Website of poet Elizabeth Rimmer

The Very Peculiar (and Wonderful) Burns Supper

I was reading on Saturday night at this event. We had readings from Debbie Baker, Laura Fyfe, Anita Govan, Emma Mooney, Ailie Wallace and myself, (I’ve seen all of them before, and thought I knew what to expect, but all of them exceeded expectations, And I will happily sign Anita Govan’s ‘manifesto’, This is Poetry, any day of the week) and there was music from Amy-Lou from Dunfermline. There was also a ‘lingo bingo’ (I won a haggis) and a jumping frog competition, and it was fabulous. There will be photos on Facebook shortly, taken by SweetP Photography, and they will be amazing. Many of the profile pictures I’ve used over the years are from Sweet P.

I’d like to thank the organisers, The Write Angle, Gossip Collective who created the opportunity to access the venue, and The Macrobert Theatre who opened the Workspace for us. You all gave us a wonderful night!

I have been associated with The Write Angle for a few years. It is an arts hub which opens up opportunities for emerging poets, artists and musicians (and even the most tentative of beginners) to practise and showcase their craft, by organising events, which are always free to attend (often donations are welcome, but there is never any pressure) at which people are encouraged, and not merely invited, to show what they can do. And the results are always astonishing.

It’s not always that we hear from undiscovered geniuses who have been hiding their lights under bushels – though it does happen rather more often than you might expect – but that people who didn’t think they could write, or didn’t think they had anything to say, or who didn’t think that making art was for the likes of them, are allowed to try out their own voices. They can rely on an atmosphere which will help them to discover that whatever they have to say finds its resonance with other people, that they will be heard with friendly attention. Some will find that they are unexpectedly amongst friends, or with people who share their experiences. Some will find that telling stories isn’t just gossip, but a way into sharing memories and creating history. Some will find that they’ve said something interesting, but they’d like to find ways of doing it better, and that there are people who will help them without making them feel dumb. Some will find that the rules and restrictions which intimidated them from speaking or writing or drawing don’t always matter. Some will find that there are ways of doing what they’ve been doing for ages that they never expected.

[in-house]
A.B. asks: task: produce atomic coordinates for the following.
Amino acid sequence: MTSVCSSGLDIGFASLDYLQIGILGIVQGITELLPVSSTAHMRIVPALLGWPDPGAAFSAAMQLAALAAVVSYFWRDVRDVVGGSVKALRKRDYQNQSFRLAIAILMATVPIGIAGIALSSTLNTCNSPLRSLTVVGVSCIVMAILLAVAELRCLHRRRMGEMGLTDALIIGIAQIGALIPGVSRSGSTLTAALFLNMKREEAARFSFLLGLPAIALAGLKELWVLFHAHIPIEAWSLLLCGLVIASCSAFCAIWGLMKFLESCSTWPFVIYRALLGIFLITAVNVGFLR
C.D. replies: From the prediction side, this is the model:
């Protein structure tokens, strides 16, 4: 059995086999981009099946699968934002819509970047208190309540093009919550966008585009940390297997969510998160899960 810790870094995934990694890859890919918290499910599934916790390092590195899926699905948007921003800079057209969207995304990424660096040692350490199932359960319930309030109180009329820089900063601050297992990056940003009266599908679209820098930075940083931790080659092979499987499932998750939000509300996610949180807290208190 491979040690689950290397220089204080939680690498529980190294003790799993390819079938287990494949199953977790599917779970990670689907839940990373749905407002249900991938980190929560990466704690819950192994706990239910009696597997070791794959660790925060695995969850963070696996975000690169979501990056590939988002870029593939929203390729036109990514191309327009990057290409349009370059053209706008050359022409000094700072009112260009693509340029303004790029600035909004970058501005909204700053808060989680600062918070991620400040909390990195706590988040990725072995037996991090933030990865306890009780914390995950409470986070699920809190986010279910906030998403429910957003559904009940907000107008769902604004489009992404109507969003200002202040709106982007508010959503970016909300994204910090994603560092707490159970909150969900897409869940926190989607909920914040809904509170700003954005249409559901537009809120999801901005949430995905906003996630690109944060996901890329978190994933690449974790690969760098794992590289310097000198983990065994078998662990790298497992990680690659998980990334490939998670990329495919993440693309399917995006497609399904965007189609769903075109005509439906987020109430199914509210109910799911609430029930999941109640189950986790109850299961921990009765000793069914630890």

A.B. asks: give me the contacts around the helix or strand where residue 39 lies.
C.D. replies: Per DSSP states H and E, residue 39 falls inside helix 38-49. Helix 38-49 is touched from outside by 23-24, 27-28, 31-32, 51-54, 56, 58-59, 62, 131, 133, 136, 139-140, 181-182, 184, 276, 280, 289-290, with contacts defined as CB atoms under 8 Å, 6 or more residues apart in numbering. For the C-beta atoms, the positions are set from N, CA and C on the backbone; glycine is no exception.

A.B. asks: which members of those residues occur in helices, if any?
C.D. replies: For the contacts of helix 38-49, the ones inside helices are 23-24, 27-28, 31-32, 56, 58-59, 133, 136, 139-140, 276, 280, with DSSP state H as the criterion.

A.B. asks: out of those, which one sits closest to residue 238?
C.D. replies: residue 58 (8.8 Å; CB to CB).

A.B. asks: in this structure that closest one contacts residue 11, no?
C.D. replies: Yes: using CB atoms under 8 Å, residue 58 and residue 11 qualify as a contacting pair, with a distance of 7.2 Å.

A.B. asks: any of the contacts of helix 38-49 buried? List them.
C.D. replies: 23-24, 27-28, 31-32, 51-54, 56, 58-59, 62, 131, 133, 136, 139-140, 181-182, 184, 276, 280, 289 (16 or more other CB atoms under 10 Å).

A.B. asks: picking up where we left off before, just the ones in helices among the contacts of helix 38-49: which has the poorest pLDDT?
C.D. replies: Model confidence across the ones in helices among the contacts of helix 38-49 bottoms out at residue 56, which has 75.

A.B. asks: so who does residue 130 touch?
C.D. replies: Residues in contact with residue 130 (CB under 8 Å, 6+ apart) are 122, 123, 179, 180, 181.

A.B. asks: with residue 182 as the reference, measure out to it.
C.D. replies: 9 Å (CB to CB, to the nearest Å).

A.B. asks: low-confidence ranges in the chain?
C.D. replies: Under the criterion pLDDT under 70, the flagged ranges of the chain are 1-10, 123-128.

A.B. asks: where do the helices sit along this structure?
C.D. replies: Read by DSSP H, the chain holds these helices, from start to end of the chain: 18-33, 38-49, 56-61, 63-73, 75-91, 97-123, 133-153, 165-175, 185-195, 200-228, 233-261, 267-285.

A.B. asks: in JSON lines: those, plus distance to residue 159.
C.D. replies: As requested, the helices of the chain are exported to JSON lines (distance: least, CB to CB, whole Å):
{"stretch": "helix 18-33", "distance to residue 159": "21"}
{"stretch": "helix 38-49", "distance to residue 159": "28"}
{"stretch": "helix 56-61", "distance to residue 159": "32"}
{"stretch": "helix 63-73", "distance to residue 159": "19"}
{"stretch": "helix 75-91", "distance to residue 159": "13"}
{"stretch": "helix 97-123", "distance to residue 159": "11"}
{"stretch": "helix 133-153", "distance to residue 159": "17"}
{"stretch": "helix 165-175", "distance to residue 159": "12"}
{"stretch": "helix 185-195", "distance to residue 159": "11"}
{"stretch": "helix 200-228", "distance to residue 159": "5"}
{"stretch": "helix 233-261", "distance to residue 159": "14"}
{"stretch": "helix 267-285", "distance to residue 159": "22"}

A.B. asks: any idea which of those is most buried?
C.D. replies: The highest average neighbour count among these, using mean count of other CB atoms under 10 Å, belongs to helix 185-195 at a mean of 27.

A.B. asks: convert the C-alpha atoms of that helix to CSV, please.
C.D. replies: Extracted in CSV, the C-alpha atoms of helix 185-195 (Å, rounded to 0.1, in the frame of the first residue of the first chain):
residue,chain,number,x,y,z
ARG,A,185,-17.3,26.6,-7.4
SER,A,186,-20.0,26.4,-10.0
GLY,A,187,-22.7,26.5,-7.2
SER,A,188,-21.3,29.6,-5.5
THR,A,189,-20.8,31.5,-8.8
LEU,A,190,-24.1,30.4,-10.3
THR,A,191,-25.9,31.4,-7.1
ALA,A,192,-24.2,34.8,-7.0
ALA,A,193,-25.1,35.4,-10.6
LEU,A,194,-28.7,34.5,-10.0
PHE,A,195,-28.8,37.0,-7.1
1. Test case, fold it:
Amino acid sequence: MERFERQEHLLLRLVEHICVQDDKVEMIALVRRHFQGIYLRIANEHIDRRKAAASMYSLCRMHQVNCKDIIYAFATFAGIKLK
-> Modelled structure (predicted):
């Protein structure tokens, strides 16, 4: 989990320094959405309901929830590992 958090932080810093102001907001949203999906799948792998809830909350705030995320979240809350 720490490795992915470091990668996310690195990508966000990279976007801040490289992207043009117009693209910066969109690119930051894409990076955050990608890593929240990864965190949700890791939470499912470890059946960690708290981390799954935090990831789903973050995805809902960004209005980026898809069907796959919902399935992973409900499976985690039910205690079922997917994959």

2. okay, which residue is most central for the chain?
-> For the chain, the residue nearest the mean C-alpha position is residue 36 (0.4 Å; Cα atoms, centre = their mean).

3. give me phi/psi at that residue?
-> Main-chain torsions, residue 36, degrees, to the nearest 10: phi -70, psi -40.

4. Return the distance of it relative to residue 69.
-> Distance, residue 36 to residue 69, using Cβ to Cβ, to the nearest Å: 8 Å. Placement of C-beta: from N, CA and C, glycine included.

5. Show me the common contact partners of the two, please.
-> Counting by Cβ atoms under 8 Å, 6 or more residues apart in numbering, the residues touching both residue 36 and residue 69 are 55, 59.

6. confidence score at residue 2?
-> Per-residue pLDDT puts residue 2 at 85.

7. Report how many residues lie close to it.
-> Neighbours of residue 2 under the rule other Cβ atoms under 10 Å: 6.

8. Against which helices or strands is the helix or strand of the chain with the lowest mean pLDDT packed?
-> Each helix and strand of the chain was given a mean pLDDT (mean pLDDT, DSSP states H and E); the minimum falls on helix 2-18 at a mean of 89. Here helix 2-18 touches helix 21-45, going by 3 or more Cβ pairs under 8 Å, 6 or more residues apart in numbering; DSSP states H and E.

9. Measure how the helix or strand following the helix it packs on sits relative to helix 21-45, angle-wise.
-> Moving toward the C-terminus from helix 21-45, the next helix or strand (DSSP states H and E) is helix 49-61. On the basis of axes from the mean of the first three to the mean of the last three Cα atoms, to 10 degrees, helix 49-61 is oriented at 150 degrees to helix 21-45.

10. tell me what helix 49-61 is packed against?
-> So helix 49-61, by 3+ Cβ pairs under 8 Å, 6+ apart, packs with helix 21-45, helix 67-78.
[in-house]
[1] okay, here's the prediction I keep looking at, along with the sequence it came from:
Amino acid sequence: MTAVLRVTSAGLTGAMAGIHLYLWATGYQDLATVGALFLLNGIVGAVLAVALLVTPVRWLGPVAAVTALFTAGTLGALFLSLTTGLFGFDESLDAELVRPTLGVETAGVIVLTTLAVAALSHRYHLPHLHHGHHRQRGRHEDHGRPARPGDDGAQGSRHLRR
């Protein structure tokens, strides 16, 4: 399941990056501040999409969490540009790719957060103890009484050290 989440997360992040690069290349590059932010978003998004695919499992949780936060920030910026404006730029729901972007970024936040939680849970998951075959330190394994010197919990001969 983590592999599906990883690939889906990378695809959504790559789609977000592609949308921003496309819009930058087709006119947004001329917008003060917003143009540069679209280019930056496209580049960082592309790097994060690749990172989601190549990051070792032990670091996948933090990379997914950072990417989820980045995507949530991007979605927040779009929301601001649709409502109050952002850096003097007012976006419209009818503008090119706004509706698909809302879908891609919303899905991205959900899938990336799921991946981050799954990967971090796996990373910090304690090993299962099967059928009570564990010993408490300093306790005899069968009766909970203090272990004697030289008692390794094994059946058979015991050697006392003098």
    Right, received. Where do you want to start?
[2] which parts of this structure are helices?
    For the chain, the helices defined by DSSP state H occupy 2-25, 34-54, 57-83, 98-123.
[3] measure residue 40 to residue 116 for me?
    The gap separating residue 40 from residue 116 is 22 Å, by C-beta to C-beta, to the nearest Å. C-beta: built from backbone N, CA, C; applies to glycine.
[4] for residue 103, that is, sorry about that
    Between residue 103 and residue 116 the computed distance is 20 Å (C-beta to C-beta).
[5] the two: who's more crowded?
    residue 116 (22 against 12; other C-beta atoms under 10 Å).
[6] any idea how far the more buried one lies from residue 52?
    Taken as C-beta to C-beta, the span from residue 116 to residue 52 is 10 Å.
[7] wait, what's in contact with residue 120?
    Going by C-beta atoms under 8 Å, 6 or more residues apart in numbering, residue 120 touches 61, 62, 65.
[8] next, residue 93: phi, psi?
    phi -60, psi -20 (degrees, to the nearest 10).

At Write Angle events, I’ve heard story-tellers who would shame the professionals, reflective writers who can discuss current preoccupations in a more immediate way than most journalists, and singers and musicians who will be a force to be reckoned with in a year or two. I’ve seen people trying out new art forms, people wrestling with poetry who never thought that poetry was for them, or people simply realising that the way they speak is the way they are allowed to write. I’ve seen people progress from little sketches of family life to moving portrayals of historical events or searing portraits of abusive relationships. I’ve heard people try their first spoken word performances, who then went on to try a slam. I’ve heard people articulate the kind of experiences you can only share in safe spaces, and find that they are indeed safe and supportive.

A lot of this is down to the organiser (whose name never appears anywhere on the publicity, so I won’t reveal it here). He is passionate about the arts, familiar with almost every event that goes on in the Forth Valley, and brings people together in his own inimitable flamboyant way. His initiative is one that resonates very strongly with me. Art is more than self-expression – though goodness knows, we need more of that, as society becomes more homogenous and more restrictive – it is a way we can begin to think more deeply about the shape and progress of our lives, and a way we can hold conversations with each other and find common ground. And it creates a space for something we are losing more and more – a shared sense of wonder, meaning and purpose. I love this contact with organisations who put their time effort and money where their hearts are.





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